Article  CAS  PubMed  Google Scholar 

  89. 89

    Altschul, S. F., Gish, W., Miller, W., Myers, E. W. & Lipman, D. J. Basic local alignment search tool. J Mol Biol 215, 403–410, doi: 10.1016/S0022-2836(05)80360-2 (1990).

    Article  CAS  Google Scholar 

  90. 90

    Mount, D. W. Using the Basic Local Alignment Search Tool (BLAST). CSH Protoc 2007, pdb top17, doi: 10.1101/pdb.top17 (2007).

    Article  PubMed  Google Scholar 

Download references

Acknowledgements

We acknowledge Brenda van der Heide from CSIRO-Australian Animal Health Laboratory and Cleve Rynehart from VIDRL for their excellent technical work. The work was supported by funds from Deakin University, Barwon Health and CSIRO.

Author information

Affiliations

Authors

Contributions

S.A. coordinated work done at GCEID. T.N. and J.H. performed the nucleic acid sequencing. Clinical work was overseen and data collated by P.V. and R.J. Initial virus testing and typing was coordinated by J.D. Virus isolation was coordinated by D.T.W. and J.D. S.A. drafted the initial manuscript and later versions were based on input and suggestions from all. All authors contributed to the final submitted version.

Corresponding author

Correspondence to Soren Alexandersen.

Ethics declarations

Competing interests

The authors declare no competing financial interests.

Supplementary information

Rights and permissions

This work is licensed under a Creative Commons Attribution 4.0 International License. The images or other third party material in this article are included in the article’s Creative Commons license, unless indicated otherwise in the credit line; if the material is not included under the Creative Commons license, users will need to obtain permission from the license holder to reproduce the material. To view a copy of this license, visit http://creativecommons.org/licenses/by/4.0/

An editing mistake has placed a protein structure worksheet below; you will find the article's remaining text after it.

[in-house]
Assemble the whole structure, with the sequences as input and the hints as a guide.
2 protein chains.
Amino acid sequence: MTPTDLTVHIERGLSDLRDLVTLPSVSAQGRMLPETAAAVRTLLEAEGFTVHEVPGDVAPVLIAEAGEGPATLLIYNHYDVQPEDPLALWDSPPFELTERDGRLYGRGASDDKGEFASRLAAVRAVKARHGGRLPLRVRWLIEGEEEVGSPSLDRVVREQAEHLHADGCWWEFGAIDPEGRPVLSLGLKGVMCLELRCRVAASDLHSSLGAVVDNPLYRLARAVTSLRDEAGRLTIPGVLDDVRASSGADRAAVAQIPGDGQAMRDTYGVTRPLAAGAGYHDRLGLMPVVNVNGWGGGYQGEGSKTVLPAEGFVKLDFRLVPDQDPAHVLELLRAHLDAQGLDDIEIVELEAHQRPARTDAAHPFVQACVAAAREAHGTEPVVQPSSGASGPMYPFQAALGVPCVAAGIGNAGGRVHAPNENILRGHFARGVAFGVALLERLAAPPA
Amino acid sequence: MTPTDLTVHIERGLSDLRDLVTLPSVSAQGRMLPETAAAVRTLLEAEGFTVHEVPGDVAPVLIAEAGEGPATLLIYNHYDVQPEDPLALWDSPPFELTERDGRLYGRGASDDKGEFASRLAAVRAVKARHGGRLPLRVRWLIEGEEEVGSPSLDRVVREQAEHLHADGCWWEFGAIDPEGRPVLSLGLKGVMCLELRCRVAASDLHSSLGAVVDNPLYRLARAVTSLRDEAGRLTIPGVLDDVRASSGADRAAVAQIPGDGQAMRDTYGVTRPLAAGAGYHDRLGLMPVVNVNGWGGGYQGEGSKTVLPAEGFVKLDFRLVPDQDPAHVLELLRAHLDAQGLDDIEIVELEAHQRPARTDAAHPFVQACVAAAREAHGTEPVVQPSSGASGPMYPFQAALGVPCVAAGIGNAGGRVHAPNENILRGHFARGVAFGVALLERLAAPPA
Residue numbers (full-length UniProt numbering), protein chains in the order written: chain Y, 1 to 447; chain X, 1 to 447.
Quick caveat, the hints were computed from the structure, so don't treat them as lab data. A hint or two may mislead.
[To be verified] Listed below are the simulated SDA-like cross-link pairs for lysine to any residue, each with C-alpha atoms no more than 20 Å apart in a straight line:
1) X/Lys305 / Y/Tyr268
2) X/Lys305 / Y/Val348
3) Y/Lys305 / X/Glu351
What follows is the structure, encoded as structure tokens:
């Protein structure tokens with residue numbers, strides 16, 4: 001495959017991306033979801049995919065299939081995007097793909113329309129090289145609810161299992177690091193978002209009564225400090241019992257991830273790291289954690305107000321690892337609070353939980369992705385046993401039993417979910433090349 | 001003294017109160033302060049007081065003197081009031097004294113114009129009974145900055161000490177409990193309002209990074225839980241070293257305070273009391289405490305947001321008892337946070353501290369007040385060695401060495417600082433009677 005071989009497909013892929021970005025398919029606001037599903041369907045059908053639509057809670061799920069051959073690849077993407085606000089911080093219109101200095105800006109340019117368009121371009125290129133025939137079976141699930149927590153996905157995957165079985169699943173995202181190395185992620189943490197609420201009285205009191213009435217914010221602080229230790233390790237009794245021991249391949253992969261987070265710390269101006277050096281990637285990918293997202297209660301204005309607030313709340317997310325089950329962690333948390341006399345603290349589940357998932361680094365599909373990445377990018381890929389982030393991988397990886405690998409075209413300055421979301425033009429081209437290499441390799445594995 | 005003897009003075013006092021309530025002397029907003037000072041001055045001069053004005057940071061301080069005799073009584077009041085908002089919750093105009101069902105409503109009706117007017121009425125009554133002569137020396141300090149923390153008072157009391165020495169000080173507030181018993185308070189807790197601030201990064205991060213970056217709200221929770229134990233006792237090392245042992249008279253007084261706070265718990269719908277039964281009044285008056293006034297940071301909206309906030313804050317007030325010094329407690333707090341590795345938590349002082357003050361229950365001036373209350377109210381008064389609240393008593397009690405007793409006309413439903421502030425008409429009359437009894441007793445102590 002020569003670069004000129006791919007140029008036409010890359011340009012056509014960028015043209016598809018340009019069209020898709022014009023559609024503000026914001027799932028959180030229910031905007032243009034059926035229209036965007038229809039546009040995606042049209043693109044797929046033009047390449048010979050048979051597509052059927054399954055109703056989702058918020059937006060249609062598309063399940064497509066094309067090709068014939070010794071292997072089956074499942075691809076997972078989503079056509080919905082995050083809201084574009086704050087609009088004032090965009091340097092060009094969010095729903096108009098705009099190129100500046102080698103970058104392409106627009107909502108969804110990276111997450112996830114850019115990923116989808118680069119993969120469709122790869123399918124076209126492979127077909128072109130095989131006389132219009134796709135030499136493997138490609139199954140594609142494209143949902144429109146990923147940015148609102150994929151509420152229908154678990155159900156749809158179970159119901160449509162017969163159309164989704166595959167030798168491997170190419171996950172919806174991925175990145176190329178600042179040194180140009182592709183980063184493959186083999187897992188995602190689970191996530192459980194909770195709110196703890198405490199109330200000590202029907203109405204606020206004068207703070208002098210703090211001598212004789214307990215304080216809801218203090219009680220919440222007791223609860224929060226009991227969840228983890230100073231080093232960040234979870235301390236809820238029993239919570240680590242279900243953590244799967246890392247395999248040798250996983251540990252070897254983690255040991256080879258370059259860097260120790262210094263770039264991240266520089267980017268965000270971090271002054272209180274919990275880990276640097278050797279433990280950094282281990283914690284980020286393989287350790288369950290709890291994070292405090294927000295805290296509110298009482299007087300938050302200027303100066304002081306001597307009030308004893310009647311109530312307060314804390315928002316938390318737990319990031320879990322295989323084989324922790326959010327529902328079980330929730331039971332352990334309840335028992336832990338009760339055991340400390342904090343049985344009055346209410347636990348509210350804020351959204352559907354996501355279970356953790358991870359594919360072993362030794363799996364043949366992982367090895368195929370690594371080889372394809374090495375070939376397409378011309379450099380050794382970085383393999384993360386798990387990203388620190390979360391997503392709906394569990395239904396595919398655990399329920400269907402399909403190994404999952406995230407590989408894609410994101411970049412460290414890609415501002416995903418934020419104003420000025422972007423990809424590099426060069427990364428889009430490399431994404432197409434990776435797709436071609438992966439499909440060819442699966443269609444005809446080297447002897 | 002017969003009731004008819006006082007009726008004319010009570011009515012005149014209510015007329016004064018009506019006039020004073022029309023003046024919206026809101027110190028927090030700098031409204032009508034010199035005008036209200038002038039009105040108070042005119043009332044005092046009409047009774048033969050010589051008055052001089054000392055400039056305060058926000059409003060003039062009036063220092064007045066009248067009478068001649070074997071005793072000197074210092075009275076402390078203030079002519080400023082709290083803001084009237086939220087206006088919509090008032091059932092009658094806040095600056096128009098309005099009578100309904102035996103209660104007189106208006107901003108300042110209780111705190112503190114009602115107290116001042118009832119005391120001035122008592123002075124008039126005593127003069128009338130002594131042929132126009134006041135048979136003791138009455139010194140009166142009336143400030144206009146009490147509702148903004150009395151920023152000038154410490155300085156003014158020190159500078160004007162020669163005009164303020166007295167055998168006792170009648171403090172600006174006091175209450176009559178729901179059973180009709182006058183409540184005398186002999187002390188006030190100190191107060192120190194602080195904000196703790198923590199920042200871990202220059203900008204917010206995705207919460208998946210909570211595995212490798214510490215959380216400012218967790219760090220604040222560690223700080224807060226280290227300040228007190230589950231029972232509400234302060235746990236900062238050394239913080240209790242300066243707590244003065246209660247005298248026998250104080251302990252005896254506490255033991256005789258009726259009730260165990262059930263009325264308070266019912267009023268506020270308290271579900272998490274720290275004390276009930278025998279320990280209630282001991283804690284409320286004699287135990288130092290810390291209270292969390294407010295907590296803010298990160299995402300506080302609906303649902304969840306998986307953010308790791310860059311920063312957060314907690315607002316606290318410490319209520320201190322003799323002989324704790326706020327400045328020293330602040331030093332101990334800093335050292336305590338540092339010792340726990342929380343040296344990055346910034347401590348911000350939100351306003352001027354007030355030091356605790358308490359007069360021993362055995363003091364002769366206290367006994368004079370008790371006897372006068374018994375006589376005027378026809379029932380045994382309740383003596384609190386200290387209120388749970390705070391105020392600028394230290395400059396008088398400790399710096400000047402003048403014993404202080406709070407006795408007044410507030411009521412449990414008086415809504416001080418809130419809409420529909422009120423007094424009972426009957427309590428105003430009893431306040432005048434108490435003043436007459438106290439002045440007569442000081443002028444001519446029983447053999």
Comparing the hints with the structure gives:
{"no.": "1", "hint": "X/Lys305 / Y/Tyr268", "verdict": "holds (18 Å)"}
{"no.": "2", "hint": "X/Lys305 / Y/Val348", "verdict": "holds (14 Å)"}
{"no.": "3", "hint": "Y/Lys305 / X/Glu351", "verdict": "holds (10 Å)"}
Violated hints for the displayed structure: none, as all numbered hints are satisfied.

Reprints and Permissions

About this article

Verify currency and authenticity via CrossMark

Cite this article

Nelson, T., Vuillermin, P., Hodge, J. et al. An outbreak of severe infections among Australian infants caused by a novel recombinant strain of human parechovirus type 3. Sci Rep 7, 44423 (2017). https://doi.org/10.1038/srep44423

Download citation

Further reading

Comments

By submitting a comment you agree to abide by our Terms and Community Guidelines. If you find something abusive or that does not comply with our terms or guidelines please flag it as inappropriate.

Search

Quick links

Nature Briefing

Sign up for the Nature Briefing newsletter — what matters in science, free to your inbox daily.

Get the most important science stories of the day, free in your inbox. Sign up for Nature Briefing